Dr. Meyer had requested to see the security-camera videotape from the pool area which showed Gali drowning; he couldn’t believe how she was under the water for so long and still survived with no injuries. The video time clock shows that she was under the water for exactly 3 minutes and 10 seconds!!!!
My wife Charlene asked Dr. Meyer if he was Jewish and if so, did he believe in miracles: the doctor answered both questions in the affirmative. Although he was totally “secular,” and he was a skeptical “scientific-minded” doctor by nature, he said that after seeing this case with Gali, he began to believe in miracles!
Later, the initial rescuer of the girl, a man by the name of Richard Marianski, related to me how it was a “coincidence” that he was in the pool at all at that time. Mr. Marianski said that he only comes to the condo 2 months out of the year. Furthermore, he had pulled a tendon and had therefore needed to exit the pool by the shallow end where Gali had fallen in; that was how he came to see Gali on the bottom of the pool.
The security camera later revealed how Gali had fallen into the pool. The maid and Gali had laid down to take a nap by the pool and Gali woke up, unbeknownst to the maid. Gali saw her bucket floating in the water and when reaching for it, she fell into the pool and sank right to the bottom. Miraculously, Mr. Marianski exited the pool in the shallow end soon after Gali fell in and he took the child out of the pool the moment that I happened to be walking by the pool. Thank G-d for my 20 years of Hatzlah experience!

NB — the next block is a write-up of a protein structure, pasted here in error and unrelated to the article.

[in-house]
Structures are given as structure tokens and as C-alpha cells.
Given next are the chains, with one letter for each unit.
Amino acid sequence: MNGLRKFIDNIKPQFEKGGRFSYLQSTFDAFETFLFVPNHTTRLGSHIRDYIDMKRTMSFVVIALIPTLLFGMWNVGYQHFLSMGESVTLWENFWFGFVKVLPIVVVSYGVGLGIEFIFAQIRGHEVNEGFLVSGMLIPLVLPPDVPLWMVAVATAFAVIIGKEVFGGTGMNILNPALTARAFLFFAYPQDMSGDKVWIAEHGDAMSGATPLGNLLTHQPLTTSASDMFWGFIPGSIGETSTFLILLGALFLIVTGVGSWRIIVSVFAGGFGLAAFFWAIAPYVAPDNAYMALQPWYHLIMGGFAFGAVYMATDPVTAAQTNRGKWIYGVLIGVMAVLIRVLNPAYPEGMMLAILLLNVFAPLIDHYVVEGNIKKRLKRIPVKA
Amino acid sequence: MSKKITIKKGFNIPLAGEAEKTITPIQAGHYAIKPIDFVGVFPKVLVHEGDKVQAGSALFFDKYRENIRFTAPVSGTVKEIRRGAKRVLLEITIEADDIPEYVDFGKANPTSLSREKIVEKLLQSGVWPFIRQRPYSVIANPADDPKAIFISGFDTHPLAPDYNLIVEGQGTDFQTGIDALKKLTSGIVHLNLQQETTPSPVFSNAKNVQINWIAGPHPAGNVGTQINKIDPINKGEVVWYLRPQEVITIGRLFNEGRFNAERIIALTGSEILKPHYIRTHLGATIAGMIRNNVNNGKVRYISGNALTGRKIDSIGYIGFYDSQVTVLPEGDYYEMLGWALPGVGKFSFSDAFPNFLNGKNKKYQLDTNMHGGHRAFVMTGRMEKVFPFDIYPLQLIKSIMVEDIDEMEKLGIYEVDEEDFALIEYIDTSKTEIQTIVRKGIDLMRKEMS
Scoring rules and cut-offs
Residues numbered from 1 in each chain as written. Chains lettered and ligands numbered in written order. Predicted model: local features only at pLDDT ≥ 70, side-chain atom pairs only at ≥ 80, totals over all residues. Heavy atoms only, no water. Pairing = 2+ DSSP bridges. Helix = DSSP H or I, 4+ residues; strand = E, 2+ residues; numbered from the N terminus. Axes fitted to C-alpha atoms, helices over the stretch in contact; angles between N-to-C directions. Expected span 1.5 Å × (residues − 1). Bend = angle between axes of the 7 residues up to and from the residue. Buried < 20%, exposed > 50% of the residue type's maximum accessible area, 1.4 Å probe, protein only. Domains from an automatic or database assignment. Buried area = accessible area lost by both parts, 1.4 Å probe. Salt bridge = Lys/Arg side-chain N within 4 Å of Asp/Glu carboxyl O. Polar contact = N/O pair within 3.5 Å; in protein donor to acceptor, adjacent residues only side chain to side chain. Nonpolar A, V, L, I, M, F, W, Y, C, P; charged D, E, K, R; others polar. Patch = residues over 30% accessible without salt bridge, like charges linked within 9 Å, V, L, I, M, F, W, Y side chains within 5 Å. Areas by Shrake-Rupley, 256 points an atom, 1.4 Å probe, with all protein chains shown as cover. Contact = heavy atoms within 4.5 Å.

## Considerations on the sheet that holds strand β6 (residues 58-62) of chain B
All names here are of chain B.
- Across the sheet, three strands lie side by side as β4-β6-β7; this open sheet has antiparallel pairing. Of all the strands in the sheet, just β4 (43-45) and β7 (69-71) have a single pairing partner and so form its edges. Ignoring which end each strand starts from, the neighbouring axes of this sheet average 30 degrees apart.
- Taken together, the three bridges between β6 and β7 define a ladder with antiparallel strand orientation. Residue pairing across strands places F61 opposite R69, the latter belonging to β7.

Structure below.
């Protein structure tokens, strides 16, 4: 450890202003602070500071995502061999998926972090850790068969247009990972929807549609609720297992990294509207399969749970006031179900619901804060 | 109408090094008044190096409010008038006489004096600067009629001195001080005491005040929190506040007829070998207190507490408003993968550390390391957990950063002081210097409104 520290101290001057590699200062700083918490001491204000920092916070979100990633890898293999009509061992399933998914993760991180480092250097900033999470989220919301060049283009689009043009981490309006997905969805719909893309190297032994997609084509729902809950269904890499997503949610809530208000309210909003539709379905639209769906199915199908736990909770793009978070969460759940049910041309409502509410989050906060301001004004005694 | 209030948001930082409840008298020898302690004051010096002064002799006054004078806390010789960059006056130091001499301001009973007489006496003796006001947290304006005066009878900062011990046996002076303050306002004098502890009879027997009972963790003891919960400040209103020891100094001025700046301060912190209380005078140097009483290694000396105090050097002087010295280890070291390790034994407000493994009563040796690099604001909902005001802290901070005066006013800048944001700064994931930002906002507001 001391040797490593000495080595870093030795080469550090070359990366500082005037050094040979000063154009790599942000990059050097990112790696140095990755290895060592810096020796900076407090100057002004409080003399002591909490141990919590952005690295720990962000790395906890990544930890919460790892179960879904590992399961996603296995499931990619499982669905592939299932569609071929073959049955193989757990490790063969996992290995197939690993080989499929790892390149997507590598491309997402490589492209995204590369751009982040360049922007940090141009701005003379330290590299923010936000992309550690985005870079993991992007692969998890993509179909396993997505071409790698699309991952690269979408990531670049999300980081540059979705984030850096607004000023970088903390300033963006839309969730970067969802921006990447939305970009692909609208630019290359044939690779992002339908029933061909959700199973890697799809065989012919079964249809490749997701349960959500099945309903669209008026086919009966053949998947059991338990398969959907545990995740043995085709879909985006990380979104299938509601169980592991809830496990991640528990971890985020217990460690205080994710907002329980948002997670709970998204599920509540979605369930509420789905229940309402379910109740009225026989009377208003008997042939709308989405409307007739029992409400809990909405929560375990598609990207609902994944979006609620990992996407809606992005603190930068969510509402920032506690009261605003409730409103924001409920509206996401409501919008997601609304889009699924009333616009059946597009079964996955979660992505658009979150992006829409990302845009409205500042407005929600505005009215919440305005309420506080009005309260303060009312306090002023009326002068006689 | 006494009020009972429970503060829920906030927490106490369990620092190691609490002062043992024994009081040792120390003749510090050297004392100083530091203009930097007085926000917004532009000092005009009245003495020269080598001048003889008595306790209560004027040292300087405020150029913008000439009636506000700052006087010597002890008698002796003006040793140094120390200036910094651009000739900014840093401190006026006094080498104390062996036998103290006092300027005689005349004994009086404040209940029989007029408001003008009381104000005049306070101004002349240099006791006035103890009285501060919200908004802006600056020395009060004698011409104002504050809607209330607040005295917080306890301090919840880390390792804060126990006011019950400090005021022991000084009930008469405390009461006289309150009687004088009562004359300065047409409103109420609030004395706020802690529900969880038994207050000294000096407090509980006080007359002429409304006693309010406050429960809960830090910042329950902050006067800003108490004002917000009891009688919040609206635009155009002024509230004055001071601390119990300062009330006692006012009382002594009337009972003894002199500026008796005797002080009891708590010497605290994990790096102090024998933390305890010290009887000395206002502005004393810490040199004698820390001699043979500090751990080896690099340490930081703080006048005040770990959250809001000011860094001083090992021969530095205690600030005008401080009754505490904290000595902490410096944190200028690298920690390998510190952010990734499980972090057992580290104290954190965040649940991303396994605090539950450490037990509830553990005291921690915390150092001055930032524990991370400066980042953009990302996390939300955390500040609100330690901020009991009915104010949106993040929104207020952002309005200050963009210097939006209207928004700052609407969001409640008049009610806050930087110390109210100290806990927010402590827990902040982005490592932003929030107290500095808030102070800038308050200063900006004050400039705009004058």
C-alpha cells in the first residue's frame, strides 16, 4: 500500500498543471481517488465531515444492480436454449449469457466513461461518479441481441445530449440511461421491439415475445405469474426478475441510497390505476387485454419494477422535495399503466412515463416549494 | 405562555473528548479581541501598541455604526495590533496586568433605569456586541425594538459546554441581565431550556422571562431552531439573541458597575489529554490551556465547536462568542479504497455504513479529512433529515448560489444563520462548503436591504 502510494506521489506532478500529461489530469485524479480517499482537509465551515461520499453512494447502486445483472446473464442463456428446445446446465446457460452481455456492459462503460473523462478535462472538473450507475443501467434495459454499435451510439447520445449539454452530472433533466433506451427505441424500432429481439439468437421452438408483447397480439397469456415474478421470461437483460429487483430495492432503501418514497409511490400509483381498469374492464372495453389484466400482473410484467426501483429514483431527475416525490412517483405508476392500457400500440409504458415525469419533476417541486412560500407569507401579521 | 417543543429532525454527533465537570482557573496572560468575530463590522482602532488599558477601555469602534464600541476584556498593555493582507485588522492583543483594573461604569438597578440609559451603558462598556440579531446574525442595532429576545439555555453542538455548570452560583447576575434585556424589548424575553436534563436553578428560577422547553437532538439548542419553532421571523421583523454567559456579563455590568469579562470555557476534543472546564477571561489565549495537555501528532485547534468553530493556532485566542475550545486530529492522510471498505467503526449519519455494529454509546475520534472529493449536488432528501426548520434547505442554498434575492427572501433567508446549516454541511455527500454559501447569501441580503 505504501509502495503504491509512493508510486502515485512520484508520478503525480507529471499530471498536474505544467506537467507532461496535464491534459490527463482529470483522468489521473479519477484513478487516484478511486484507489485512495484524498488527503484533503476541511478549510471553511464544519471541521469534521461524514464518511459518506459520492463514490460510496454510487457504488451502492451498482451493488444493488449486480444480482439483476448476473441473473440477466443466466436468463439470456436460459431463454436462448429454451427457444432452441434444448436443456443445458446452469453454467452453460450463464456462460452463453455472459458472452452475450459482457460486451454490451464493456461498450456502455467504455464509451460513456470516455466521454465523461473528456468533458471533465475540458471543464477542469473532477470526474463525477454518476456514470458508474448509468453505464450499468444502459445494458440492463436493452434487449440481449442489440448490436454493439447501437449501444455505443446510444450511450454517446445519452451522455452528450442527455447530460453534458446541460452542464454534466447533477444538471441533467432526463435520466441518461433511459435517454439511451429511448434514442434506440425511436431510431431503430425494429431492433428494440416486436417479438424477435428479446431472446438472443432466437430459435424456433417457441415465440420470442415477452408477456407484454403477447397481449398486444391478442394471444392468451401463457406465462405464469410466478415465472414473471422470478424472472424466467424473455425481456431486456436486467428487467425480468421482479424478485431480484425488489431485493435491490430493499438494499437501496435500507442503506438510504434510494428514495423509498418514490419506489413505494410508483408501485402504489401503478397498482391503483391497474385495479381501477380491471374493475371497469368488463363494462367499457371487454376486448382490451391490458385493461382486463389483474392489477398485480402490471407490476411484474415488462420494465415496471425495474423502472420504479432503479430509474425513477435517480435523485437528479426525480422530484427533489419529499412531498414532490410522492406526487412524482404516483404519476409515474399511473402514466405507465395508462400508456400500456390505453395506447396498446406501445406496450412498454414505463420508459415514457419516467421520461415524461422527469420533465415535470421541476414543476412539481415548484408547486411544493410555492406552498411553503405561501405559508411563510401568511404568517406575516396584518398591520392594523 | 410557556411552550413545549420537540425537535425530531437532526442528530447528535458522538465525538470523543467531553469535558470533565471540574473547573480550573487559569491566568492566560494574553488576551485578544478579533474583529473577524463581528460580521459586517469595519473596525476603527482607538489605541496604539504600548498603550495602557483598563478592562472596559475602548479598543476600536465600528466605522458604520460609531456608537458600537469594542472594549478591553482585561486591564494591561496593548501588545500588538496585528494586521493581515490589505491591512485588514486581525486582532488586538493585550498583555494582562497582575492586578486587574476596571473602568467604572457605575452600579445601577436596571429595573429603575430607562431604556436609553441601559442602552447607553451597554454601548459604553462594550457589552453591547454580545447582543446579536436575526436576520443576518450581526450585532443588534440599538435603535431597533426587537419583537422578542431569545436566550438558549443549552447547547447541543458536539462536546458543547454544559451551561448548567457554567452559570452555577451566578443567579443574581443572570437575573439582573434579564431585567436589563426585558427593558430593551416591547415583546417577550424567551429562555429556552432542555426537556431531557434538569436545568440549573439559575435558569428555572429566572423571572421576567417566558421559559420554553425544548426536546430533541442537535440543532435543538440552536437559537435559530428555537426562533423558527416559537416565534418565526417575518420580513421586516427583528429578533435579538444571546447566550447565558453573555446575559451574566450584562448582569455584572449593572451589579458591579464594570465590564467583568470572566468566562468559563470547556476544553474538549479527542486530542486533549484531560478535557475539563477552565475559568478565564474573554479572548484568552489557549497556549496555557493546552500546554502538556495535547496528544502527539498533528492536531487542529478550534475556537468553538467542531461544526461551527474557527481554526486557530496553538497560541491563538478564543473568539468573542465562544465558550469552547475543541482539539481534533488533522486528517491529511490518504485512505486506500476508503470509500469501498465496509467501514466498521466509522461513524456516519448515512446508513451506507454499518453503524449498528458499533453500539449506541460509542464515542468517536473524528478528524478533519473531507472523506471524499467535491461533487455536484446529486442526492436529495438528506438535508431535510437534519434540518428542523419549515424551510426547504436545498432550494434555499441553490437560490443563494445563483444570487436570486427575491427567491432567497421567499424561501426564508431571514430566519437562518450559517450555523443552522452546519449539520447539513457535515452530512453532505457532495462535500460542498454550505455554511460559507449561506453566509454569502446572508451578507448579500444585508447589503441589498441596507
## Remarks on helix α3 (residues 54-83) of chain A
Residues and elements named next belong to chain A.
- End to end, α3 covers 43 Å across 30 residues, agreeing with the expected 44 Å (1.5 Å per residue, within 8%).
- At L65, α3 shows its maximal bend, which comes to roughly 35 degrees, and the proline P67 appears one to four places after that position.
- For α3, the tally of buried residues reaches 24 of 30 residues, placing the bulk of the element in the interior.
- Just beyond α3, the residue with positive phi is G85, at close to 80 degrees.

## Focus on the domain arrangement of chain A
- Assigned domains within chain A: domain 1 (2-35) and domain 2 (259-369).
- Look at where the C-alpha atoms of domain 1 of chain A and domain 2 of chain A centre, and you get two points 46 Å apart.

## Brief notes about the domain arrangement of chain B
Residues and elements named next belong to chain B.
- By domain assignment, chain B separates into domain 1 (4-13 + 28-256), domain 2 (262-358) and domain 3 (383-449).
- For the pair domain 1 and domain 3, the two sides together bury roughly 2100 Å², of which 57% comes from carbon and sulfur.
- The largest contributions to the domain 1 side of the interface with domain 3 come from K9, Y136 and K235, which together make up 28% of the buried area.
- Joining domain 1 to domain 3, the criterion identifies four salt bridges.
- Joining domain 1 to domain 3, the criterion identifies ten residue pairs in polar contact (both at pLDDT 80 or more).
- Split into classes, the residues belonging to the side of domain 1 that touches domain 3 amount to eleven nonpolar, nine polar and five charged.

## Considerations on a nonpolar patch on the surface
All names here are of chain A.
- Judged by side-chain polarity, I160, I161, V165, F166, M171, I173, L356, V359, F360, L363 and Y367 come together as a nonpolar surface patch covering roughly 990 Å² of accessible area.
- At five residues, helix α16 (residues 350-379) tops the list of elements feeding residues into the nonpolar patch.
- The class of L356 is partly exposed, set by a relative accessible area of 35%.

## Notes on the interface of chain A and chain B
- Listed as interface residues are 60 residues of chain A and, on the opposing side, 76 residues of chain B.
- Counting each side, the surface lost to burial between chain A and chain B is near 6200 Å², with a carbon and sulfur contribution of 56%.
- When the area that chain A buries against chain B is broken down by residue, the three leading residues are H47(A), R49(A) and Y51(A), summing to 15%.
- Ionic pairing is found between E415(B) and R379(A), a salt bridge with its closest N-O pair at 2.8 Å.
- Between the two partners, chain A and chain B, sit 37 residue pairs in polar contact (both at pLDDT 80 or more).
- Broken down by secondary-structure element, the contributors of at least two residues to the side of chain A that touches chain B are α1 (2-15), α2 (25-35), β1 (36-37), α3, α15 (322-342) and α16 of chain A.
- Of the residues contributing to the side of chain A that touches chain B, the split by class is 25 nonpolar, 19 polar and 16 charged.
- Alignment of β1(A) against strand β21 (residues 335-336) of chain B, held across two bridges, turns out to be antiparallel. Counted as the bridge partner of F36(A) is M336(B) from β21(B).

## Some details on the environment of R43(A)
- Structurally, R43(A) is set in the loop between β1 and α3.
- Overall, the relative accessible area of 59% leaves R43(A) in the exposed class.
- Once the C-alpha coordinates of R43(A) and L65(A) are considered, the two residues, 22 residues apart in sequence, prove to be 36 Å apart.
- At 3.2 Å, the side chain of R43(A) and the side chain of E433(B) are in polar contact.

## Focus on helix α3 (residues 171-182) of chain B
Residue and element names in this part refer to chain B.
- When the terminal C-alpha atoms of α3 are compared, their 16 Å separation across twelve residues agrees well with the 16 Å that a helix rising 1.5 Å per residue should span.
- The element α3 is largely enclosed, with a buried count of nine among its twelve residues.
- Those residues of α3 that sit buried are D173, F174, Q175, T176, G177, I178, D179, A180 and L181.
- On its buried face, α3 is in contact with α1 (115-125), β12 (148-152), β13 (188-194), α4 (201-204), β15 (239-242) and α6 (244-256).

I "spoke" to Hashem the whole time I was doing CPR on my daughter. I told Hashem that I had given 20 years to Hatzalah and now I was ready to "cash in" His "IOU" and that if Hashem allowed me to save my daughter, I'd give 20 more years to Hatzalah. Interestingly enough, this was the first time I had ever performed CPR on a child.
The story's not over yet: Six months after the drowning, we took Gali to an ENT doctor to remove her tonsils because of bad sleep apnea. I asked the ENT doctor if he was aware of the girl's past medical history, and then filled him in of all the details of Gali's fall into the pool, and her miraculous survival. The doctor took a look at the girl's tonsils and said that the tonsils were in such bad shape, that her breathing was very shallow, which helped her stay underwater for such a long time without breathing!
What Divine protection! Had we done the tonsil surgery on Gali earlier, as other doctors had urged us, Gali may not have survived the drowning.
Charlene kept her word and immediately began to cover her hair after Gali recovered. She went one step further and began marketing wigs and encouraged other women to cover their hair properly too. She even donates wigs to ladies who cannot afford them.
What do I learn from all this? Let's not wait for such wakeup calls before we do Hashem's mitzvoth. I look at my little daughter, and I pray for the health of all the little children wherever they are. Thank You, Hashem!